By Simamkele Mchako
Photo by Rasaan B. c/o nappy.co
“Your father is dead;” my mother told me, with a false casual tone that she uses when trying to avoid an intense and possibly emotional conversation with me. She gave me this only moments before she went to work. She was working the night shift, and as she said goodbye I could see the worry in her eyes. The thought of leaving me alone after such news was a burden that was weighing heavily on her. The year was 2015; I was 18 years old and in Matric. I had only met my father once in my life, in 2004. We never had a relationship that went passed a couple of occasional phone calls. My father’s absence used to bother me a great deal, yet by the time I was 16 I accepted it. I spent a large portion of my adolescents resenting and loathing the man I was told was my father, and the other portion wishing that he could be a prominent figure in my everyday life. I was stuck between trying to convince myself I did not need him, and asking myself if I was to blame for his absence.
by Maame Blue
Photo by Artsy Solomon c/o nappy.co
Don’t all the best stories start this way: at the beginning of the end. Just after things get difficult. This story is about leaving therapy, about being the therapist and walking out. It is about stepping away from a belief system you had given your life to for ten years.
Exiting the work was a process. You move away from the constant simmer of emotions, forget the polyester smell of the couch cushions, and return to the memories of borrowed time and fifty minutes filled with silence, anguish, and trauma. These were the hardest things to do. Can you talk about these things? Or at least try?
by Paolo Bicchieri
Promo art from the Steven Universe episode “Stranded” by Joe Johnston, Cartoon Network.
That’s how many families feel while journeying across the blistering hot and terrifyingly cold Jacumba Desert. It might be a persistent thought as they confront the countless dangers laying like traps in the night. And stranded they feel once they make it to the United States.
The isolation of the American Immigrant Crisis.
One cartoon is capturing the uniqueness of our cultural moment, our tragic pain and shame as a nation. Steven Universe, Cartoon Network’s first female and non-binary led cartoon, is giving viewers instructions on how to love. It is teaching audiences that nontraditional families from different places are heroic.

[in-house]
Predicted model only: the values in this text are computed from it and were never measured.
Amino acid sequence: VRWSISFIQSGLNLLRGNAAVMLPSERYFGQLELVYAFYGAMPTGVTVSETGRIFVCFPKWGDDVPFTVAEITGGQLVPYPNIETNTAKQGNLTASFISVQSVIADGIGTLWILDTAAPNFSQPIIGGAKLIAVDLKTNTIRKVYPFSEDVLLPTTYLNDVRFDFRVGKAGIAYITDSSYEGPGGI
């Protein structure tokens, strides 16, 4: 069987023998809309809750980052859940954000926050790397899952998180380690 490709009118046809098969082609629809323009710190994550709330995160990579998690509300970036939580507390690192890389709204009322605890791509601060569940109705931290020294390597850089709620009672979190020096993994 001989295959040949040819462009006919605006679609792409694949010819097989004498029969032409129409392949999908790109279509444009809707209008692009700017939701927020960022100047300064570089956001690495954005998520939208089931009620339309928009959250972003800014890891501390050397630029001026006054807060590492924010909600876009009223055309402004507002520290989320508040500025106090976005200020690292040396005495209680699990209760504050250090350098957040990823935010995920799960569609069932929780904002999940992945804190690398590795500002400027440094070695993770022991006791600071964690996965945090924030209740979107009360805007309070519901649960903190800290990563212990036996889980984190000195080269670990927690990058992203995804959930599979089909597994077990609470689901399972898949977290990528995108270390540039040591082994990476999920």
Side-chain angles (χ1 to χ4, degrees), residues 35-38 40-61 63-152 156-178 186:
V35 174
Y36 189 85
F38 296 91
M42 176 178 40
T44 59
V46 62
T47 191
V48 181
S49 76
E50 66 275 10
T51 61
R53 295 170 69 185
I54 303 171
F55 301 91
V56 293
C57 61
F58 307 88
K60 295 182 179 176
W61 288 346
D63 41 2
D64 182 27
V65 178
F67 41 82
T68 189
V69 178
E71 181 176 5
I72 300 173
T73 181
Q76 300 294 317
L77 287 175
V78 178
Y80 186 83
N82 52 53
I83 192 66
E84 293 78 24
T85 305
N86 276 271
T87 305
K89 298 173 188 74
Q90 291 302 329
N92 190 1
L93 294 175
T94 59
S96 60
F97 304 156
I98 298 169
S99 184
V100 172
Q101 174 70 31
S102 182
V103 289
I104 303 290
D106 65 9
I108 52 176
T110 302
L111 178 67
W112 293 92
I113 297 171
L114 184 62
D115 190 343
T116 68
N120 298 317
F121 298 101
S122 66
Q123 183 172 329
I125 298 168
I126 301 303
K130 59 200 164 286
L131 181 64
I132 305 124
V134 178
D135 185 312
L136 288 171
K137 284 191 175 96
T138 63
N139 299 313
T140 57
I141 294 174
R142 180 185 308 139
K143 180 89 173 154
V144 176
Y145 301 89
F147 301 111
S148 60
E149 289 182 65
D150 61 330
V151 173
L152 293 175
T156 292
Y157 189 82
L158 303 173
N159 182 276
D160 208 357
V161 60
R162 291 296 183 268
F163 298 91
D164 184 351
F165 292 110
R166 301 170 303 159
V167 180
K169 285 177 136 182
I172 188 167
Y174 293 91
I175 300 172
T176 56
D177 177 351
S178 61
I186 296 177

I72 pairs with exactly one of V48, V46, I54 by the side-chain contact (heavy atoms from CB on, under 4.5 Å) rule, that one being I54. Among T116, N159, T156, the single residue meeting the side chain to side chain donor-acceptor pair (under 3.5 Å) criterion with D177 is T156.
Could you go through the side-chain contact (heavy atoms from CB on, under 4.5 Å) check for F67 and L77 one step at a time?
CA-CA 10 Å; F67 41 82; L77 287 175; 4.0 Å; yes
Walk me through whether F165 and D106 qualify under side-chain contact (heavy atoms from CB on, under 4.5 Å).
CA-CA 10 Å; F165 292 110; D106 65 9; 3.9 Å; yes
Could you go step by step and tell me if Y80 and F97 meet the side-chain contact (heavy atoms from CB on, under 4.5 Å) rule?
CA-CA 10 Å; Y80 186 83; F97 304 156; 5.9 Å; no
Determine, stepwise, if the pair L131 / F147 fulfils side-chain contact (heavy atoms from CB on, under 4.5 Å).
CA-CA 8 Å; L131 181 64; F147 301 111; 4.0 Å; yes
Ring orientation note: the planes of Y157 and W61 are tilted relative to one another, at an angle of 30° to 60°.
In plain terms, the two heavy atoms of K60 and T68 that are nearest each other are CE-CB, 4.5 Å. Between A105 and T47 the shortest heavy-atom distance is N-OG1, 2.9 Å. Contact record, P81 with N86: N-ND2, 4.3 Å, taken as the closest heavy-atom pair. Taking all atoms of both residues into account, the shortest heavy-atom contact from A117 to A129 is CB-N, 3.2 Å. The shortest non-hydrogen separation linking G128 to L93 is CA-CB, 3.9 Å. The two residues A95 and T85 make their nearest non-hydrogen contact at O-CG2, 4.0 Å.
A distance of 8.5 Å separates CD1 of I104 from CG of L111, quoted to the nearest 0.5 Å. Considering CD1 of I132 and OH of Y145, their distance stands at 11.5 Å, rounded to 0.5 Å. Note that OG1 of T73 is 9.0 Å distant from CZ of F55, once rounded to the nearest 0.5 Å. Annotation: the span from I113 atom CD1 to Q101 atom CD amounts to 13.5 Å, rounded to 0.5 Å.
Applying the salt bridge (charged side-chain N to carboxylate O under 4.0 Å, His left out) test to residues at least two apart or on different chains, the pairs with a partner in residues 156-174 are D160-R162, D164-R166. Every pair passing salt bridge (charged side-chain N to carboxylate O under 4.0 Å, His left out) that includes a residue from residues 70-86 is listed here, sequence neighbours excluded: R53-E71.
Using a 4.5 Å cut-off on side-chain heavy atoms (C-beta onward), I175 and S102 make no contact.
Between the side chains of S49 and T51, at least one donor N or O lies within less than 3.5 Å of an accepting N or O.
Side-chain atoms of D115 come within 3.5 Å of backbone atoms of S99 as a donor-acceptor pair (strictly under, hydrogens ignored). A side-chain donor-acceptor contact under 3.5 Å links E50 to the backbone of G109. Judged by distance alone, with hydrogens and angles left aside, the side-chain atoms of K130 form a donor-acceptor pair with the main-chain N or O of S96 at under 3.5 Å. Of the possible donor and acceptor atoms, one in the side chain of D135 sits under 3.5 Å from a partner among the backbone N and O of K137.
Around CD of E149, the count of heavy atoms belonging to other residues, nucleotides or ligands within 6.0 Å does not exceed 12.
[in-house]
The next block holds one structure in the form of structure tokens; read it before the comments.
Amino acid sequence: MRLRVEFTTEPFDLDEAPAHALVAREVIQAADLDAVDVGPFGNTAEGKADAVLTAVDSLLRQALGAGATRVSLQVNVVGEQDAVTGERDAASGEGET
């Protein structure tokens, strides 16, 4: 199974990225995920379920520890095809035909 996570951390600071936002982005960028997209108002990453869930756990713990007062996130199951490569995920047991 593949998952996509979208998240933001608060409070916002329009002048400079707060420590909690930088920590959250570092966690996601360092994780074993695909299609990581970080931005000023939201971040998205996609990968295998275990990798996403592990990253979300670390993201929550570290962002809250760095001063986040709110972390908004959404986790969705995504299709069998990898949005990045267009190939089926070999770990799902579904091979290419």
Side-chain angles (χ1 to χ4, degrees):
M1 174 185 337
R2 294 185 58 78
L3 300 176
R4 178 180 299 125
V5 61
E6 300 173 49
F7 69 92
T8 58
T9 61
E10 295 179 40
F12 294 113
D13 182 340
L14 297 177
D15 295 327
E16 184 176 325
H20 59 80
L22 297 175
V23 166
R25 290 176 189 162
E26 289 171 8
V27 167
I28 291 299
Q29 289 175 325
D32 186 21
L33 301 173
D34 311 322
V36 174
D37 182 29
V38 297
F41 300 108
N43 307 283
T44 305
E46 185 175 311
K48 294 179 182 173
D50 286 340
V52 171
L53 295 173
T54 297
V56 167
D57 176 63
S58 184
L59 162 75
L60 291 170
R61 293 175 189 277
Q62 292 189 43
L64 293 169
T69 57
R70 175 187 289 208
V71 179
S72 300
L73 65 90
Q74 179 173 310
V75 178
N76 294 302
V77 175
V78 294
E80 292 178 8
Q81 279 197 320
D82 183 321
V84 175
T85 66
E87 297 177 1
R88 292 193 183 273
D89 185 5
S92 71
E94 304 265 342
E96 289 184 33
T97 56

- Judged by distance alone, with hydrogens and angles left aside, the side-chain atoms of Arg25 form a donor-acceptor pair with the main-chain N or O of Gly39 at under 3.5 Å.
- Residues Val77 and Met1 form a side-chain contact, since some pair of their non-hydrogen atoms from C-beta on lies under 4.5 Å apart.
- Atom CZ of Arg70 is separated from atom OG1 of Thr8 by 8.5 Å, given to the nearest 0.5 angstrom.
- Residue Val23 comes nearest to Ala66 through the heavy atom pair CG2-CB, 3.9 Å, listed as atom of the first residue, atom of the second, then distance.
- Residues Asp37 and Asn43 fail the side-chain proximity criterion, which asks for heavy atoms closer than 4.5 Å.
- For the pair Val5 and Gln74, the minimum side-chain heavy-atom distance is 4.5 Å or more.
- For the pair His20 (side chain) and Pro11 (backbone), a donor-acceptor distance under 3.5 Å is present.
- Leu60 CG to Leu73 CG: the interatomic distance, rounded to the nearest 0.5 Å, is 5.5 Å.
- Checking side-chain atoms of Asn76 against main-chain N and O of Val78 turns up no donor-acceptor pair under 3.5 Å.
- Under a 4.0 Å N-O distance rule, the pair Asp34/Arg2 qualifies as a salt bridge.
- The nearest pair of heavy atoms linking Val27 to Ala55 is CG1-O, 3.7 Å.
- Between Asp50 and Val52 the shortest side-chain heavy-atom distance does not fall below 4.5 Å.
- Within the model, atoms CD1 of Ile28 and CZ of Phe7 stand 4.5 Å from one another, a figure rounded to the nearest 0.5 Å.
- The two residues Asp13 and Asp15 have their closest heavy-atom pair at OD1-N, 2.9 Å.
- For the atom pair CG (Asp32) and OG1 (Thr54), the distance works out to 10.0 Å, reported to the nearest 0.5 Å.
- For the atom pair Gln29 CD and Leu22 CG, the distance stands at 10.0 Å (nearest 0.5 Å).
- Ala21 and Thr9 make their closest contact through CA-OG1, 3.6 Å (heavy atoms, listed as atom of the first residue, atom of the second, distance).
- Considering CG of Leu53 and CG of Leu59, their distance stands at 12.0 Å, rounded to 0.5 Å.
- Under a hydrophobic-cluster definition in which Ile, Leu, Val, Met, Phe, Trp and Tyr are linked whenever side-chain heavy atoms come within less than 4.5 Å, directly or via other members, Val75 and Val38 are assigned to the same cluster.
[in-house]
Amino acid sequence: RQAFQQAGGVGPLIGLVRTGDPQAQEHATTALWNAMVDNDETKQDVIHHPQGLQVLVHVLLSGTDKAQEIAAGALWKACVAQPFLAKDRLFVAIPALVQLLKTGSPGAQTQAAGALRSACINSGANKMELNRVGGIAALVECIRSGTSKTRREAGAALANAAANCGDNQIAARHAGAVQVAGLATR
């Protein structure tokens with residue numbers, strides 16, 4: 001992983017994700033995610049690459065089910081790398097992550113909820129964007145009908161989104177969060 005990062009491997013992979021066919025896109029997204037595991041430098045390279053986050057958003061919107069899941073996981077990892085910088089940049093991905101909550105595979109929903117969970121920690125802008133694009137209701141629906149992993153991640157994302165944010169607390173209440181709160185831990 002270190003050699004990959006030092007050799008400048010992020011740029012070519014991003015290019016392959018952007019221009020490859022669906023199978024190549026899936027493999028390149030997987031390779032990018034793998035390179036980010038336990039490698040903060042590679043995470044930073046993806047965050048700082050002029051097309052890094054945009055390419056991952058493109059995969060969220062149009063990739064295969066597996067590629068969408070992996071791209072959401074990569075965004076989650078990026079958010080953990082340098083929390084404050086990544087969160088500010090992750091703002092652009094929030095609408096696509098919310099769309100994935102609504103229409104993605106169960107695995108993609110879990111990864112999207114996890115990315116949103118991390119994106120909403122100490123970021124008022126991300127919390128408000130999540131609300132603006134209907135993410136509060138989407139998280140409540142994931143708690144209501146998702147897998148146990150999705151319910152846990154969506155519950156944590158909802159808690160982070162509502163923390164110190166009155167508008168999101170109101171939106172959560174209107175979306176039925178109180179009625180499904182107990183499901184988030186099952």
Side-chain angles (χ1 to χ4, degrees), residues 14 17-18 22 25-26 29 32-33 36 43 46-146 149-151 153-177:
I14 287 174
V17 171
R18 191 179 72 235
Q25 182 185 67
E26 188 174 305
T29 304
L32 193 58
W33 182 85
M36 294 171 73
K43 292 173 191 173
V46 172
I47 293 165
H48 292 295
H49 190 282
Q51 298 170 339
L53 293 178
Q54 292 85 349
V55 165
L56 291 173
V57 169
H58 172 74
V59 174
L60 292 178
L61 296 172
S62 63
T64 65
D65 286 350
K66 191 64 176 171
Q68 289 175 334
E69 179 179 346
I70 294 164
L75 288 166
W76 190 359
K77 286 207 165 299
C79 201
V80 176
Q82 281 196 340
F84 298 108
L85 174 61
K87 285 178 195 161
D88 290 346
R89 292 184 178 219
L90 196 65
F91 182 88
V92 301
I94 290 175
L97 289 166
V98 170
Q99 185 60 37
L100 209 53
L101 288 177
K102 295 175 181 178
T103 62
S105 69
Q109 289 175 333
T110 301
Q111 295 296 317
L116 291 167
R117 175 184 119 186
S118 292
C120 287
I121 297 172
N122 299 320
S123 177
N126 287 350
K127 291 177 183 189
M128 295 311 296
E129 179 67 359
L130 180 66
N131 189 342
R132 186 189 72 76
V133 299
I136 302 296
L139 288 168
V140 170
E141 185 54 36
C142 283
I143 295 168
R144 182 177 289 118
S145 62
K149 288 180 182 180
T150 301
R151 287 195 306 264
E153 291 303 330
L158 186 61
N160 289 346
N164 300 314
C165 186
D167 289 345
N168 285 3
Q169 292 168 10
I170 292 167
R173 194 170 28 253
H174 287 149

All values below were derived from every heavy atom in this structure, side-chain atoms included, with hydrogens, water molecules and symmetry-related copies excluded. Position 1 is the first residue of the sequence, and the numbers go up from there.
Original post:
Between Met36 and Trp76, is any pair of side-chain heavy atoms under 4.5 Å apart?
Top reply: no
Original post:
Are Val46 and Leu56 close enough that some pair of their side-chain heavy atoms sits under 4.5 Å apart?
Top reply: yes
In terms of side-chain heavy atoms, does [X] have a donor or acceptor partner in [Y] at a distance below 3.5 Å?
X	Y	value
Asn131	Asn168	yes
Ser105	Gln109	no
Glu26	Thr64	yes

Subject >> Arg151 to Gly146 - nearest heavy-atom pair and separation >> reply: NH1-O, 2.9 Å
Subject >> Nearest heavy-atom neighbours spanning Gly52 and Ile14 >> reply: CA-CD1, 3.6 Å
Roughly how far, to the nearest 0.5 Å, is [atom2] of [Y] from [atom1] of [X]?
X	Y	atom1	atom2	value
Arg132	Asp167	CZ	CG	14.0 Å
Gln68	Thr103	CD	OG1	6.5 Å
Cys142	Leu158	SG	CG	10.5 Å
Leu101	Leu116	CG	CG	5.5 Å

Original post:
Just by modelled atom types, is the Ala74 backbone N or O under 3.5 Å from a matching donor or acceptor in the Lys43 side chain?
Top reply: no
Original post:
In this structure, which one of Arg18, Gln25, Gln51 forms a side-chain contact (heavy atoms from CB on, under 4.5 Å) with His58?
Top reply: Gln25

In the middle of a blistering June, I sat sandwiched on a bench with forty other mostly white American middle and high schoolers in the belly of the largest enclosed tropical botanical garden in southern China. Although the greenery surrounding us was very much real, the giant “tree” that made up the walls of our dining space was fake, carefully molded to look like the bark of a real hundred foot tree. Chinese caterers bustled around us, talking to each other in rapid Cantonese while they pulled white box after white box of prepackaged lunch out from large plastic trash bags.
Your mother has been repeating the story of your natural birth to you for years. The most important details: she kept perming her hair after her water broke because she didn’t want to disturb the doc’s 4th of July. You were a n-a-t-u-r-a-l birth, because holding you > pain. And she couldn’t be bothered with all that hollering during labor like women she’d encountered while working rotations in the hospital as a student. Maybe you entered the world via a mechanical, silent birth. You can’t imagine your mother wincing in pain, as even that acknowledgement would be too emotional. The act of opening her legs for your exit—forget about it.
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